My work, www.youareme.net, explores what happens when the methodology of open sourcing is applied to identity. In effect, I have relinquished control over the creation of my persona online, and have provided to the public my identity and image as material to be manipulated, created, and even destroyed by providing access to logins, passwords, private images, and biographical information. In our highly surveiled and sensitive society, I am interested in what a public might do with open access to my information. I am not only concerned with the dynamics of supposed public and private information, but also with the carefully curated creation of an online identity. How do social technologies like Facebook shape the way we present ourselves, and how do we go about editing the realities of our lives for online consumption? And if we create or recreate ourselves through our technologies, who exactly could I be, if that process is one open to public discourse. Could this expand the possibilities of who I am, or ruin my cyber-social relations and credibility?
(due to maintenance issues the website is currently slated to be relaunched on a new platform)
6. Statement + Bio + CV
Conceptual, interactive, interdisciplinary installation, new media, political, public engagement, sculpture, software, social practice, and technology, are words that describe my art practice. What I am, however, is a creative researcher. I think through making and my experiments in the studio lead to a line of questioning that I build iteratively into a focused and rigorous body of work. My research often examines the entanglement of identity with technology. Like good science fiction that asks, “what if?”, I think of technology as a cultural litmus test of who we are, and use it to extrapolate where we are going.
Recently, my work has engaged the idea of thinking of identity as data that can be manipulated or even corrupted in the face of social media and our increasingly networked society. I am interested in how this “data” is tied to the larger context of surveillance and how the prejudicial architecture our surveillance systems are built upon affects how we perform those identities in public space.
For example, in “URME Surveillance”, rather than hide the public from cameras, this work invites the public to wear a photorealistic prosthetic of my face. Thus, when surveiled, facial recognition systems attribute the wearer's actions as my own, challenging the user to consider their own identity in relationship to technology while disrupting highly networked surveillance systems through disinformation.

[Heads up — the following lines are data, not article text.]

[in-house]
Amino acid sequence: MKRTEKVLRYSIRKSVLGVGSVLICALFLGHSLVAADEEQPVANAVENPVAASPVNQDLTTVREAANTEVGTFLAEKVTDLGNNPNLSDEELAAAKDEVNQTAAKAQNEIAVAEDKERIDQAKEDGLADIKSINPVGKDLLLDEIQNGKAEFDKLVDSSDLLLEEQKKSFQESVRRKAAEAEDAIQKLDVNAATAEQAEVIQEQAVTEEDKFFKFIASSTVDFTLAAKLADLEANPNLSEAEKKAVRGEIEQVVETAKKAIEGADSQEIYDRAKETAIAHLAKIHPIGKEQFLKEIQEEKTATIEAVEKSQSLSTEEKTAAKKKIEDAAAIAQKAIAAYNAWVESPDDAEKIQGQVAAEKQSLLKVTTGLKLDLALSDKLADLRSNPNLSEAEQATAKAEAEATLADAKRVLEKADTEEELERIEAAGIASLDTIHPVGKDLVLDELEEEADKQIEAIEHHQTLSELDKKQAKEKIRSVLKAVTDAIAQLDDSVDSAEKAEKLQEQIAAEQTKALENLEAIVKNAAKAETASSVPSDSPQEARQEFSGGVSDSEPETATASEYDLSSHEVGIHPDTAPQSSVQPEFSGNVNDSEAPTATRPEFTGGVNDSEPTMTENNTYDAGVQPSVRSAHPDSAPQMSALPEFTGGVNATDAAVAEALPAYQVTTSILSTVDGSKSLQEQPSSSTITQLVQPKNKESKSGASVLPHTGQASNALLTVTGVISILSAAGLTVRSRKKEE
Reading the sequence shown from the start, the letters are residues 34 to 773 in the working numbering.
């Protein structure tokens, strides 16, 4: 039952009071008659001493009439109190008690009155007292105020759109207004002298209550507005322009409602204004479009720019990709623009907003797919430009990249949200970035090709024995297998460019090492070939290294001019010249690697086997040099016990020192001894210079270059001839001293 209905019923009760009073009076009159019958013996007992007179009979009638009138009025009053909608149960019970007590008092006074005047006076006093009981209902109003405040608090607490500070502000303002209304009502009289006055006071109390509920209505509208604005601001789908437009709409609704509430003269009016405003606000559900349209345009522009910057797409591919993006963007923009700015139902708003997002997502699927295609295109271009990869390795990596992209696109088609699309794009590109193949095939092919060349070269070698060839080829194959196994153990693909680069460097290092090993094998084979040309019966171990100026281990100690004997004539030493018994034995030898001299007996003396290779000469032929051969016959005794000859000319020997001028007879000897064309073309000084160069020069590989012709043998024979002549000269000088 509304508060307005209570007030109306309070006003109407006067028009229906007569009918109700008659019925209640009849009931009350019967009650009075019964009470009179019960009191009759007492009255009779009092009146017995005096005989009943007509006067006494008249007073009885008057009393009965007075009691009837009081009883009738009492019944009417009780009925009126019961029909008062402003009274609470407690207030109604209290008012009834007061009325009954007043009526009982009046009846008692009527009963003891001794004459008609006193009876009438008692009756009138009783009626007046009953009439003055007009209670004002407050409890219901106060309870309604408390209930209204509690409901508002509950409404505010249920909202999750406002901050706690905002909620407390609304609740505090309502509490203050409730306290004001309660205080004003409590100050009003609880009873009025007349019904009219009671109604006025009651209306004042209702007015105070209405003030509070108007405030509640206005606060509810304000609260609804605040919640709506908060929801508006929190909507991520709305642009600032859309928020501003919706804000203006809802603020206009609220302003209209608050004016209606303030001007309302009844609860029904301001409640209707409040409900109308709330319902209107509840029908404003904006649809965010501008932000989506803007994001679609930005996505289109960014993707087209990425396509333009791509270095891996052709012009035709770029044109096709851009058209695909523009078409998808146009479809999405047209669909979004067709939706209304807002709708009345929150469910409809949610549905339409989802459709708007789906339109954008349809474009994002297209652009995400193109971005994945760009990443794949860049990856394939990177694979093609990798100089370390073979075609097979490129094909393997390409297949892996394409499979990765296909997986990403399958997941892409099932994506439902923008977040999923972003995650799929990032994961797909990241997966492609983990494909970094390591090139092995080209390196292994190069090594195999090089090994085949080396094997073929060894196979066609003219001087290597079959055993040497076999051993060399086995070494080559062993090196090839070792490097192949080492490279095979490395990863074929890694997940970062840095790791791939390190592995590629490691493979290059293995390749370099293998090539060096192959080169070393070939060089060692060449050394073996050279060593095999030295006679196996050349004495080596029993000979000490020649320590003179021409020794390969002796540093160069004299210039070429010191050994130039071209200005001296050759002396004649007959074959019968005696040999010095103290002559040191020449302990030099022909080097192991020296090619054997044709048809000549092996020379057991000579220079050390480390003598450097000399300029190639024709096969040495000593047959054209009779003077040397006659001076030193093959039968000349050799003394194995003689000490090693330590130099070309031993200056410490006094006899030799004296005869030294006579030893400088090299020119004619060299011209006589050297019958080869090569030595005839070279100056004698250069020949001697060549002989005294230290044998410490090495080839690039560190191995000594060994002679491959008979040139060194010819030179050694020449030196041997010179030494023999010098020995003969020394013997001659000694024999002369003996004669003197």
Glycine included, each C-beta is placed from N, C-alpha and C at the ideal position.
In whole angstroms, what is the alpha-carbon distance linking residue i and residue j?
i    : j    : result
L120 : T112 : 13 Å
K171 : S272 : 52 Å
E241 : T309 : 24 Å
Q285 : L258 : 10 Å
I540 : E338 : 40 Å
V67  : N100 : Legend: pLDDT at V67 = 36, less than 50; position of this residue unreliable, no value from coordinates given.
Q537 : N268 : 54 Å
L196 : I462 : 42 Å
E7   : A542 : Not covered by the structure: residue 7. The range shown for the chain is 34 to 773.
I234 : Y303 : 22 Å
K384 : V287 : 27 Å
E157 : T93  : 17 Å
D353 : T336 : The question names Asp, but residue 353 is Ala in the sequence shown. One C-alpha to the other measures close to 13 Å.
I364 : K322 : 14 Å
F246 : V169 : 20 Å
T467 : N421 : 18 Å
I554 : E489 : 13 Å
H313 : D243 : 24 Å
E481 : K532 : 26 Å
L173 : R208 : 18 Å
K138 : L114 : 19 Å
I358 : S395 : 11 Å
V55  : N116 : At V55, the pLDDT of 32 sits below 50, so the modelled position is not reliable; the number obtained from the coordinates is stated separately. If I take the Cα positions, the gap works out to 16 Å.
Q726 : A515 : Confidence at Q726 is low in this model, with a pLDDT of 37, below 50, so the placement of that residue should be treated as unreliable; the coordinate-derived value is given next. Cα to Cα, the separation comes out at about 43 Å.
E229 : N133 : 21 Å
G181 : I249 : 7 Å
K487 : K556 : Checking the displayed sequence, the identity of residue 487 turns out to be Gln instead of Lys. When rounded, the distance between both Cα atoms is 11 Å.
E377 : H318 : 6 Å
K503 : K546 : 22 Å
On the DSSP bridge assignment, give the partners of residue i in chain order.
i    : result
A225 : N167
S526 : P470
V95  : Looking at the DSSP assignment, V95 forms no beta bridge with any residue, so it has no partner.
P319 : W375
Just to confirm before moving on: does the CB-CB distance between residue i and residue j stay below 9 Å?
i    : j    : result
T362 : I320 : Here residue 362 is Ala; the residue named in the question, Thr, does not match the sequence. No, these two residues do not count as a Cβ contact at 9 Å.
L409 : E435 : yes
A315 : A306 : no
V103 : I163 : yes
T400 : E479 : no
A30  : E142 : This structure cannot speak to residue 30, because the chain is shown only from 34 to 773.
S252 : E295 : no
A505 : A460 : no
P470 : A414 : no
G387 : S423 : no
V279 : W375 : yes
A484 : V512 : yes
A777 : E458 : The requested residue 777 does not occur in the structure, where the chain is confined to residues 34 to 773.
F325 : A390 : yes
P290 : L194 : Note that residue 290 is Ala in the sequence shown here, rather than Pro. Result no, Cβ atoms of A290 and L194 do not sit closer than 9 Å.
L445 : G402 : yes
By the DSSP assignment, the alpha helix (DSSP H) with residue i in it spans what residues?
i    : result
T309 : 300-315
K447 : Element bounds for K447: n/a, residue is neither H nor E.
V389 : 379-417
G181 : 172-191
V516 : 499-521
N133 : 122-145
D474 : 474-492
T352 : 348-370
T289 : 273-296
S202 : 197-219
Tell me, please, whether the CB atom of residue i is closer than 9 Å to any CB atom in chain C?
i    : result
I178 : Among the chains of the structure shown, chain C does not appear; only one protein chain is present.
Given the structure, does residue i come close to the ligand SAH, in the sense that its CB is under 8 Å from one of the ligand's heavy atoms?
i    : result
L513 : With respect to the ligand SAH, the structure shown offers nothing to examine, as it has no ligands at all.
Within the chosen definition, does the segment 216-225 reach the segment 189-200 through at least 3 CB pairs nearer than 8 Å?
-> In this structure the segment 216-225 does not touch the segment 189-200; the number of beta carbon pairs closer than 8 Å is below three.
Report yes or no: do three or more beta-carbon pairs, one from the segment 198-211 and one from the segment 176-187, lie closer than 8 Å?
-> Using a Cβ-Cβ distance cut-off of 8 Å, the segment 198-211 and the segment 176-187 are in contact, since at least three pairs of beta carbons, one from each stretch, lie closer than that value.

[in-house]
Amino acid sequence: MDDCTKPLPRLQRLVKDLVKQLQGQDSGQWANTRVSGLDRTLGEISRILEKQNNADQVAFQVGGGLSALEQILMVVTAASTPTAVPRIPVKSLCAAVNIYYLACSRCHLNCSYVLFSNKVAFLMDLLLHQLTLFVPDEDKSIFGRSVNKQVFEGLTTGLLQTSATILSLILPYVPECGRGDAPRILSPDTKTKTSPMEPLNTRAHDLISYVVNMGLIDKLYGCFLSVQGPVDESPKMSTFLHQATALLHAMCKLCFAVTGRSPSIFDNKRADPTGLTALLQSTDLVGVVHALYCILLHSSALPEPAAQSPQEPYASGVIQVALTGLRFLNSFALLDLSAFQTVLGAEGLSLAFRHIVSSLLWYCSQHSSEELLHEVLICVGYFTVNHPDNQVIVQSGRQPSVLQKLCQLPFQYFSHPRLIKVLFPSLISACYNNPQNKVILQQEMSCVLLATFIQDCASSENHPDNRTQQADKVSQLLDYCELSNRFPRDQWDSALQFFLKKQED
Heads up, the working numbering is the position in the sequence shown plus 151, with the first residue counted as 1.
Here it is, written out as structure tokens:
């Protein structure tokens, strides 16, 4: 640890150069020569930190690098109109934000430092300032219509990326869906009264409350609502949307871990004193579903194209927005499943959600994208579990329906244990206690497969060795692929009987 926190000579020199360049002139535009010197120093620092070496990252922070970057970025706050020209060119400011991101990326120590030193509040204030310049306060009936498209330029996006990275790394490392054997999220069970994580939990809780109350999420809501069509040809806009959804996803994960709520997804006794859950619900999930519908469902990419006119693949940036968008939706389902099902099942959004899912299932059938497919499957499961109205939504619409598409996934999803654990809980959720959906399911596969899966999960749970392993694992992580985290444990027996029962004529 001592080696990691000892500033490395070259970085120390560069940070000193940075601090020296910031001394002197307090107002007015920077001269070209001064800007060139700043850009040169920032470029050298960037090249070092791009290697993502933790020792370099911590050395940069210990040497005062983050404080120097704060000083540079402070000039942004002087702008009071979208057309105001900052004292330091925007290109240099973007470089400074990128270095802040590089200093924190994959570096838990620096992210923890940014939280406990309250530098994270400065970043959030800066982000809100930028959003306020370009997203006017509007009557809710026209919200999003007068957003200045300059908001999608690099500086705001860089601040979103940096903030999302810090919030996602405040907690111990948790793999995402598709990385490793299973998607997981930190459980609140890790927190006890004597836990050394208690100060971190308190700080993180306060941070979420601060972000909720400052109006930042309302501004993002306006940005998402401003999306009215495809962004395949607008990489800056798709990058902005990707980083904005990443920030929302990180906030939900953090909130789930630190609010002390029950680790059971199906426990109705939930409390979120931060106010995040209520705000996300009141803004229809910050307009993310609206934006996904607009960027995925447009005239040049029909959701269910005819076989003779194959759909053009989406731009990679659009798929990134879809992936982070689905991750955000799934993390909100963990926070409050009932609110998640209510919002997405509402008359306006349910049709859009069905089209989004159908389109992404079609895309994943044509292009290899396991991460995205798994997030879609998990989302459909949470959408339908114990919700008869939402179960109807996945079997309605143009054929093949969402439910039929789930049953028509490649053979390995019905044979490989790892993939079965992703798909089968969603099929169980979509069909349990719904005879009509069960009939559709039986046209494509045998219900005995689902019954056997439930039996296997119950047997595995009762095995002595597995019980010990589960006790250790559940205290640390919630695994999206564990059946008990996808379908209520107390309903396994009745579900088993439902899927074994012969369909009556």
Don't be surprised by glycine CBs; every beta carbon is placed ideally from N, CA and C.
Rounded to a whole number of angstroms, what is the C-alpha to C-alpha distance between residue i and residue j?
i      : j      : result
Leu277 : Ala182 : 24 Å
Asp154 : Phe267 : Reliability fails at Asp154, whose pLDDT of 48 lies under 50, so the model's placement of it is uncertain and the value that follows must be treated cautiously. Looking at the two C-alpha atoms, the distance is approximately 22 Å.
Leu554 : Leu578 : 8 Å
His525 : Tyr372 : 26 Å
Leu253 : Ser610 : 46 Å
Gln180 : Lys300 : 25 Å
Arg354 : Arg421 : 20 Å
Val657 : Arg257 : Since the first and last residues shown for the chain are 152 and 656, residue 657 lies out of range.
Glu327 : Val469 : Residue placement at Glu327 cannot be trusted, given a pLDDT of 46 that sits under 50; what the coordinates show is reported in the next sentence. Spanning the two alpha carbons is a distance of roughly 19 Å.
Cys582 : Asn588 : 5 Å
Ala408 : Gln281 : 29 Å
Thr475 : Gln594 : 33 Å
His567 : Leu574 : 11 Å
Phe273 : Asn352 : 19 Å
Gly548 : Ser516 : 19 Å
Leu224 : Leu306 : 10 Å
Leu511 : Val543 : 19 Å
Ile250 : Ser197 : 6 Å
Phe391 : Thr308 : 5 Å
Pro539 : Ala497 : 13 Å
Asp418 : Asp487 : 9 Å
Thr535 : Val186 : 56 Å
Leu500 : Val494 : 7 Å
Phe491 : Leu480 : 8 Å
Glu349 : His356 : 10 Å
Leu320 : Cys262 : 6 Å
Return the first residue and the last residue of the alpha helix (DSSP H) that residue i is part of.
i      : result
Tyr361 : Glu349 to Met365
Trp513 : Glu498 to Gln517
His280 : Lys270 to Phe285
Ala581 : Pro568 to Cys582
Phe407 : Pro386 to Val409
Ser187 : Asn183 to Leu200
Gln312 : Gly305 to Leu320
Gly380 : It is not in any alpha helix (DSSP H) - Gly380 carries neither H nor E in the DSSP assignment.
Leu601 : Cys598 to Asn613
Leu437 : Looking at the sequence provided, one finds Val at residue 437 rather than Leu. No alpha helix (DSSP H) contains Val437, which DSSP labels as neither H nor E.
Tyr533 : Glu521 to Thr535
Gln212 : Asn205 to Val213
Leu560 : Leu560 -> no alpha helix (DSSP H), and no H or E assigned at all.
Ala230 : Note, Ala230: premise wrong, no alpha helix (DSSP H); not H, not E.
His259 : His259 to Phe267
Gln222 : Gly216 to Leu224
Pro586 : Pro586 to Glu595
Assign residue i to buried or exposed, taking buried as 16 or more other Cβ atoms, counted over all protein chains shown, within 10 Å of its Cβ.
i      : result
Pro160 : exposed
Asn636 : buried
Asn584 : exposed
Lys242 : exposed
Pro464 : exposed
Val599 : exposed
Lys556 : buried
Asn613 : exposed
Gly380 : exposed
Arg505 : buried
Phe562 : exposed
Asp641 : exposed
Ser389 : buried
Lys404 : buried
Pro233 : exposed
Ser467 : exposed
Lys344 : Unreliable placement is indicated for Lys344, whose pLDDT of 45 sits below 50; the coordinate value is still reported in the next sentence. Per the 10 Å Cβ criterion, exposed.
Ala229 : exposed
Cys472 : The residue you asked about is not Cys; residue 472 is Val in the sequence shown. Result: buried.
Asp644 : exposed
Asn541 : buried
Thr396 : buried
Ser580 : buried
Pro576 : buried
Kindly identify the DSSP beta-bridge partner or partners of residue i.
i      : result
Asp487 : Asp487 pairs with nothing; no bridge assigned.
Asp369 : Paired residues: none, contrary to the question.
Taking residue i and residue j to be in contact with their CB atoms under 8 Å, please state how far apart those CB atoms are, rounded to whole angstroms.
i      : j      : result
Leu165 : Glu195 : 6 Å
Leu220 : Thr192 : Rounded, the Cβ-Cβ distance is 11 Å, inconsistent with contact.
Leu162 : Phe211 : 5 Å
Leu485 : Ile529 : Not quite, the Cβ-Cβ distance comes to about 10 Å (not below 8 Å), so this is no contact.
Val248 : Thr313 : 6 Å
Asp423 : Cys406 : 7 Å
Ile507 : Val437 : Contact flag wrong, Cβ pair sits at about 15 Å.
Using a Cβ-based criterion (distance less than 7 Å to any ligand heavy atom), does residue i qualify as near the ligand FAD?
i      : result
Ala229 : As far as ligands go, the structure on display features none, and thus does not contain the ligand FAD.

My work strives to produce civic engagement through workshops, social media, and interactions with the public. This engagement has made it clear that surveillance is a system that values white men over all others. My work resists this milky homogenization by producing platforms that not only protect the public from surveillance but creating spaces to collaborate on the deconstruction of such systems.
Leonardo Selvaggio is a Chicago-based interdisciplinary artist whose work examines the entanglement between identity and technology. He has shown work internationally in France, Canada, and Switzerland, and he exhibits broadly in the United States. He has been awarded an Albert P. Weisman grant for his work, URME Surveillance, and a DCASE IAP Professional Grant to present supporting research. In 2015, Selvaggio was a featured artist as part of Chicago Artist Month. His work was selected for the Art Souterrain festival in Montreal, the ISEA conference in Vancouver, and the Saint-Etienne Design Biennial in France. URME Surveillance was also adapted for television in an episode of CSI: Cyber titled “Selfie 2.0.” Selvaggio’s work has been featured in notable publications: Hyperallergic,Techcrunch, The Washington Post, CNET, The Verge, The Creator's Project and others. Selvaggio’s academic work has been published in the International Journal for Performance Arts and Digital Media and as part of “Behind the Smart World - Saving, deleting and resurfacing data,” published by LAFKON. He holds a BFA from Rutgers University and an MFA from Columbia College’s Interdisciplinary Arts program.